Amidst such contradictory conditions, we must ask: Are these movements and tendencies (competencies and standards) compatible? Can we prepare teachers and organize schools for meaningful competency-based learning if we also insist that students perform well on exams that continue to assess limited cognitive knowledge? Can we develop meaningful and engaged learning environments for students amidst short class periods, highly differentiated subject matter, onerous bureaucratic administrative requirements, and impoverished material conditions?

The ad hoc nature of teacher training
Most reform efforts in secondary education call attention to the centrality of teacher training (formación docente). At any given moment of reform, there is a tremendous challenge involved: How to create new programs for pre-service teacher training (formación inicial) that align with the reform, and, perhaps more importantly, how to create effective programs for in-service teachers’ professional development (formación continua, o actualización). We will address each of these in turn.
Historically, most teacher training in the Americas occurred in separate normal schools. Originally, these normal schools operated at the level of secondary or middle education (educación media), and they were oriented mainly to primary school teachers. Eventually, throughout most of the hemisphere, normal schools were re-calibrated at the level of higher education, requiring teacher candidates to have the equivalent of a high-school degree to begin their course of studies. Still, normal schools have typically maintained their separate institutional status, and they are often administered by a separate branch of the education ministry.
In those countries where a separate system of normal schools continues to be the dominant modality for pre-service teacher training, different structural problems persist. Communication and coordination between the administrative branch in charge of normal schools and the branch in charge of curriculum reform can be difficult, if not very deliberately addressed. Normal school professors, moreover, have little accountability for their performance, and little incentive for their own ongoing professional development. Often, it has been many years since they practiced teaching in a basic education classroom, and their exposure to the reform process may be only incidental.
In other countries, where multiple institutions for pre-service teacher education coexist, different but related problems have emerged. The variety of routes to teacher licensure has created differentiated hiring schemes and antagonistic subcultures. Moreover, differing levels of autonomy and independence from government regulation, along with different forms of ideological indoctrination, have fostered a multiplicity of stances vis-à-vis government-led education reforms. Young teachers may be socialized into political stances that hinder the possibility of dialogue or alignment with other administrative and philosophical orientations.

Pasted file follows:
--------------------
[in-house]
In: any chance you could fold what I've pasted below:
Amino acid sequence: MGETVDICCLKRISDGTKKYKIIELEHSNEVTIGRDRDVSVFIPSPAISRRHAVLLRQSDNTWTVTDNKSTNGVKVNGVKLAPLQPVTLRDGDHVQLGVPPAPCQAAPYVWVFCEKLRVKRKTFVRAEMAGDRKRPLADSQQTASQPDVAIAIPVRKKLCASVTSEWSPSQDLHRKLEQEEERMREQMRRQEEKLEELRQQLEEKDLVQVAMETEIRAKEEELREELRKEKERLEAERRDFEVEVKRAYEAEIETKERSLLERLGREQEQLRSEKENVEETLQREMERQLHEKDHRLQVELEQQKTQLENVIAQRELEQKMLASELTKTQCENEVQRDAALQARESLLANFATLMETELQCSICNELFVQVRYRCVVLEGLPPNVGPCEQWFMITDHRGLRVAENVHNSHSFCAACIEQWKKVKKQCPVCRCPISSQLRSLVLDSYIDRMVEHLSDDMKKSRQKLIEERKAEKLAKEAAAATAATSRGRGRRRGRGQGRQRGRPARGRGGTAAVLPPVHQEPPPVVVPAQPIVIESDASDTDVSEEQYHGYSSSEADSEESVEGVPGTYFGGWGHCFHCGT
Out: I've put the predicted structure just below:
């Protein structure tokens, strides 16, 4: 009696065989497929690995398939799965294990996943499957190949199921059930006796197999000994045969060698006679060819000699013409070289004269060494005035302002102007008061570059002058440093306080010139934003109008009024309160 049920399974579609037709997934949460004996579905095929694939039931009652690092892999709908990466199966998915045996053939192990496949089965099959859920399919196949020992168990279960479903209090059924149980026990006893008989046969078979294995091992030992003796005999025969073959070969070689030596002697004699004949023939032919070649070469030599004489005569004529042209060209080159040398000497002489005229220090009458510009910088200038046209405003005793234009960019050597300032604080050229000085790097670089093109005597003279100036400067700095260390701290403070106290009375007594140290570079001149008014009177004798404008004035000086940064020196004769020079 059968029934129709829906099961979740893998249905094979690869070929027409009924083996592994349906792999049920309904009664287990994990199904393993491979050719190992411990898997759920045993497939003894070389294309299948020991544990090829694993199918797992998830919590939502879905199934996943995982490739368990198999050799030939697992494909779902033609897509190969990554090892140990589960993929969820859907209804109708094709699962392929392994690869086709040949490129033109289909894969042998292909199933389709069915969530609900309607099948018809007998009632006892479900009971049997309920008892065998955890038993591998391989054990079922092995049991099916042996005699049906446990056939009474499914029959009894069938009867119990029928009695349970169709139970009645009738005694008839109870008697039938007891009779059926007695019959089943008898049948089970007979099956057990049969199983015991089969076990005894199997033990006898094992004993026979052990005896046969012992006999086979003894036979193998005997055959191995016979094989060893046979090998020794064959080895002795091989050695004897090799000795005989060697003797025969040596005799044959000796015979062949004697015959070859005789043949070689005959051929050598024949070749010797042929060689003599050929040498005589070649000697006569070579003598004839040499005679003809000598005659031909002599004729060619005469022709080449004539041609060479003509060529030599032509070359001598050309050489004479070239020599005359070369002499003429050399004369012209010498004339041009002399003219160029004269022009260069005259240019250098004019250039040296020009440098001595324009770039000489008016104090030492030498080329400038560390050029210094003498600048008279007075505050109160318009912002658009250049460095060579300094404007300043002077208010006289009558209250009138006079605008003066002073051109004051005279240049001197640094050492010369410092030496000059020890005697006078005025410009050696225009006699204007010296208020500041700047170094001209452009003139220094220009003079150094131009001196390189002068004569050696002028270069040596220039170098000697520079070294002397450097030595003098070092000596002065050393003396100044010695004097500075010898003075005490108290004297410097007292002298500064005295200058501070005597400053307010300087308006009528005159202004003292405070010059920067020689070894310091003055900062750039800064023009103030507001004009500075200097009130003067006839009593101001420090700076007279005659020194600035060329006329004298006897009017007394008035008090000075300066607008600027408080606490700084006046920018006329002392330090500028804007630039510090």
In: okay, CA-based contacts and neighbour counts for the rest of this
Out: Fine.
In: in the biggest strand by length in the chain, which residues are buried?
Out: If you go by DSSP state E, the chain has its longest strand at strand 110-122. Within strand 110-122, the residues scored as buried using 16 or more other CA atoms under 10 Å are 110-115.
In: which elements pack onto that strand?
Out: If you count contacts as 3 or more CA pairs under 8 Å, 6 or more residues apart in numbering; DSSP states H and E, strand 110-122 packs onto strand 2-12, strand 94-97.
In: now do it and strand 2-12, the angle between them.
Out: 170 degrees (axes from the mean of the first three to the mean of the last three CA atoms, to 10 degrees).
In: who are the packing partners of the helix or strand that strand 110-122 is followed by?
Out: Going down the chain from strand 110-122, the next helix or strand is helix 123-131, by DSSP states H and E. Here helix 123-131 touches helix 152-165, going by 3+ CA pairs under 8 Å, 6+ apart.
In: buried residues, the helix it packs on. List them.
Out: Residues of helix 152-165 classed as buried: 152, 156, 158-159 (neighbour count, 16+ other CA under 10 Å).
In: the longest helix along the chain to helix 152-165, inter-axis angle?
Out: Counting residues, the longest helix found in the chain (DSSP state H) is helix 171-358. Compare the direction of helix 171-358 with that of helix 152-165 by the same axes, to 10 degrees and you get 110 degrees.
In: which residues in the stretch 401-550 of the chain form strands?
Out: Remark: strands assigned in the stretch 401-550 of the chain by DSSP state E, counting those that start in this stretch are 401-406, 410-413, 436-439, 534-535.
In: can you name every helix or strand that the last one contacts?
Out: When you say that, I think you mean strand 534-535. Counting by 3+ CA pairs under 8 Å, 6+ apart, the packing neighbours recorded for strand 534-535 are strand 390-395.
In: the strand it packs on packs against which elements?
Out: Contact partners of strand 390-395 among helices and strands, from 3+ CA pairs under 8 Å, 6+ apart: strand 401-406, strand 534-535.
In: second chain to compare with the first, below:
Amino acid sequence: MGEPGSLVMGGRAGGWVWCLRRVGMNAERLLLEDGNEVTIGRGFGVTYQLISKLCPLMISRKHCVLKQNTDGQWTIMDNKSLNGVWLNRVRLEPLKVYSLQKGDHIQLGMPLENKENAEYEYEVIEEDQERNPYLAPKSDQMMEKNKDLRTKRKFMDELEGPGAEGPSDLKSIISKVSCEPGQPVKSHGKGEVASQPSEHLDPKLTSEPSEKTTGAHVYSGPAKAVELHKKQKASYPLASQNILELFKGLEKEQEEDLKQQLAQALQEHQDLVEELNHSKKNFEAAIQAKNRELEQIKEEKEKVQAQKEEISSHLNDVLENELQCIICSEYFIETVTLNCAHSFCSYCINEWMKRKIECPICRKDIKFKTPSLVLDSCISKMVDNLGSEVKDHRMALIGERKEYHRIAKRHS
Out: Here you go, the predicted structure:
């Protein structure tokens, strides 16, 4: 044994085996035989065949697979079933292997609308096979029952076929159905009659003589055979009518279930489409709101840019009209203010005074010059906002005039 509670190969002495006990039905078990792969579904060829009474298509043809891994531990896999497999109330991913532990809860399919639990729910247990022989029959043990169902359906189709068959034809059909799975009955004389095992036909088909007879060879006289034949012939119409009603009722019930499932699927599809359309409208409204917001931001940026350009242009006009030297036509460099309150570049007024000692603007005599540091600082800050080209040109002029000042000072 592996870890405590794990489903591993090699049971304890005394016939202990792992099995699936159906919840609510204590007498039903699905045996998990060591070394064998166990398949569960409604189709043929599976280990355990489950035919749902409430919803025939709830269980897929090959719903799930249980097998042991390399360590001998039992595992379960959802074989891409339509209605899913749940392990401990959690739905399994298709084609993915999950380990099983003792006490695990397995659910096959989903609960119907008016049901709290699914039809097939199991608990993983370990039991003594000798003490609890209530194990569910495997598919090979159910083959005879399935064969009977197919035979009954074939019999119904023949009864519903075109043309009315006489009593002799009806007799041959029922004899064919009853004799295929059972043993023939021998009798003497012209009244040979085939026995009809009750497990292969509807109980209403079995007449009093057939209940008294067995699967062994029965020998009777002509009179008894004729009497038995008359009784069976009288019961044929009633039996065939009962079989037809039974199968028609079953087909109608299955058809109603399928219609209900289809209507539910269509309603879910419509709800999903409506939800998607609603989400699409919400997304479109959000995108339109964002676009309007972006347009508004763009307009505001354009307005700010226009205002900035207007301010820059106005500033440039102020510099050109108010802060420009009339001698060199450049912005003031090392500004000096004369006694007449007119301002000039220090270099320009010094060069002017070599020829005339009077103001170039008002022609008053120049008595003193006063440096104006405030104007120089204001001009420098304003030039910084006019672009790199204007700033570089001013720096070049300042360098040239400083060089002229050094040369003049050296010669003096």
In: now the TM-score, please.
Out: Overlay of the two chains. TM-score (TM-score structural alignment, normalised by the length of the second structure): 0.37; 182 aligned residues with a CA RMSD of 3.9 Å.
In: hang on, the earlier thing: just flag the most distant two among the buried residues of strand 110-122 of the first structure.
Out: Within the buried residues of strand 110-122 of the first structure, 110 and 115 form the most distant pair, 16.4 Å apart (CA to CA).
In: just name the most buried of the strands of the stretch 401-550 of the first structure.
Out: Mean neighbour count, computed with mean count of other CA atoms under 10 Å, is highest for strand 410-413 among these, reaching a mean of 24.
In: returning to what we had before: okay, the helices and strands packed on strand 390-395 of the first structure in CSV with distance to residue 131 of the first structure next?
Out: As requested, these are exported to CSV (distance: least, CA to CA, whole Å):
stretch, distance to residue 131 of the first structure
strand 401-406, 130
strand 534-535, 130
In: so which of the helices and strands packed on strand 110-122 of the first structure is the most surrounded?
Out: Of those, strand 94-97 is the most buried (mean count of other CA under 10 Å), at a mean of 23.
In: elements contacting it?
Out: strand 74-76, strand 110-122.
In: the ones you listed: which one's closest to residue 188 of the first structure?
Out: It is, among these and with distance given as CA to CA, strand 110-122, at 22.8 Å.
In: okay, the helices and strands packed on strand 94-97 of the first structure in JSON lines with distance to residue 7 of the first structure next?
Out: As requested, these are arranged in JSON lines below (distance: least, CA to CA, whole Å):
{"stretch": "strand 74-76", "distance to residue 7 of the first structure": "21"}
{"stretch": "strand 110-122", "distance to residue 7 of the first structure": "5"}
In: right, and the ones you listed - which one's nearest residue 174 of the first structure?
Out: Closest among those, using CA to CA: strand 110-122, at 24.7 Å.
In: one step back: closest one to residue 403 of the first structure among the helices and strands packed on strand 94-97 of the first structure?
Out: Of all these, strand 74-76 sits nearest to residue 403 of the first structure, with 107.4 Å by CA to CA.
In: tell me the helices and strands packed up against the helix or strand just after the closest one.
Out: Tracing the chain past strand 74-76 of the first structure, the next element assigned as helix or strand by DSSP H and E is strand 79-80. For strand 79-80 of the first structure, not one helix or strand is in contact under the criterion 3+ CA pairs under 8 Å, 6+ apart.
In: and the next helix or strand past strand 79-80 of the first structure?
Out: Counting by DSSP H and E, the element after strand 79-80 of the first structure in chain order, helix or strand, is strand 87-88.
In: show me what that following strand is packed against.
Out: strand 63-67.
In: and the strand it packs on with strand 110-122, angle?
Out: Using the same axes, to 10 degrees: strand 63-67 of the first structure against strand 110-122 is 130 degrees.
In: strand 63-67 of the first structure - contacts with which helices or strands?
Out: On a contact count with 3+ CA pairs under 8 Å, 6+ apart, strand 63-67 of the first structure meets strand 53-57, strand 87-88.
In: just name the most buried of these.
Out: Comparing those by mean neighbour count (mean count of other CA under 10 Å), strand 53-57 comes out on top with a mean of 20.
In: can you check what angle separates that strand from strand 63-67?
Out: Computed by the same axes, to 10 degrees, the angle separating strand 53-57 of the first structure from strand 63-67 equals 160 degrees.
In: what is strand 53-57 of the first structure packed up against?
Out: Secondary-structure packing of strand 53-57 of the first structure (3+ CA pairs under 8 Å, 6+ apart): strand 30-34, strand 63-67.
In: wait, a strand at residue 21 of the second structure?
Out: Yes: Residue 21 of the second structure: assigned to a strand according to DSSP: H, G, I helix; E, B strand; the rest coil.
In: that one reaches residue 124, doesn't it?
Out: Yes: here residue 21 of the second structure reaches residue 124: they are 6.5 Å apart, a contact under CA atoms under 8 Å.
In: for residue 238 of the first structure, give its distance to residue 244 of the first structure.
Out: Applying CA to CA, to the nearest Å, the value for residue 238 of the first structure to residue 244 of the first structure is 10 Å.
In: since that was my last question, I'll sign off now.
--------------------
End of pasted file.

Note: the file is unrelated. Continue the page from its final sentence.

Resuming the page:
Finally, in the process of teacher education, parents, students, and civil society organizations are often shut out from participating. Citing their professional prerogatives, teacher educators eschew the grounded knowledge and expertise that such actors could contribute.
Meanwhile, in-service teacher education often suffers from problems of competence, access, legitimacy, and over-specialization. As with normal school systems, programs and systems for in-service development may also be run out of a different branch of the national ministry, with all of the attendant problems of coordination and communication this implies. Ultimately, much in-service education is delivered by “technical” teams in states or municipalities, or by unsupervised consultants and non-governmental organizations. There is little oversight or strict professional qualification for the demonstrated competence of such technicians. Moreover, in-service workshops are typically offered during a short session at the beginning of the school year, or on select professional development days throughout the school year. Some administrators are reluctant to release their teachers to participate in such workshops, and some teachers find excuses not to attend. There is little accountability in such matters, either for the administrator who discourages his teachers from participating, or for the teacher who opts not to attend. In cases where attendance is good, the low competence of the workshop providers may lead to a legitimacy problem, in which the aforementioned cynicism and apathy of teachers may find fruitful terrain. Finally, in-service workshops are often conducted according to subject-matter specialty. Even though reform efforts attempt to create a more holistic conception of secondary education, with emphasis on inter-disciplinary themes and competencies, in-service workshops rarely bring together teachers across their disciplines. This simply contributes to teachers’ overly strong specialization and identification with their strict subject matter.
Unexamined assumptions and wishful thinking pervade existing practices of in-service teacher education. Educational authorities seek to accomplish major educational transformations through one-time in-service trainings; such trainings may look good as policy indicators (e.g., “10,000 teachers were trained in…”), but they fail to generate robust capacities and transformative practices. There is also too great a reliance on “trickle down” models, which presume that a few teachers per school or district will faithfully and adequately reproduce the training they received. Finally, little accountability follows such training to provide incentive for its application; in many countries, teachers receive financial incentives to attend such trainings, but no measures are taken to ensure that the training has actually enhanced classroom practices.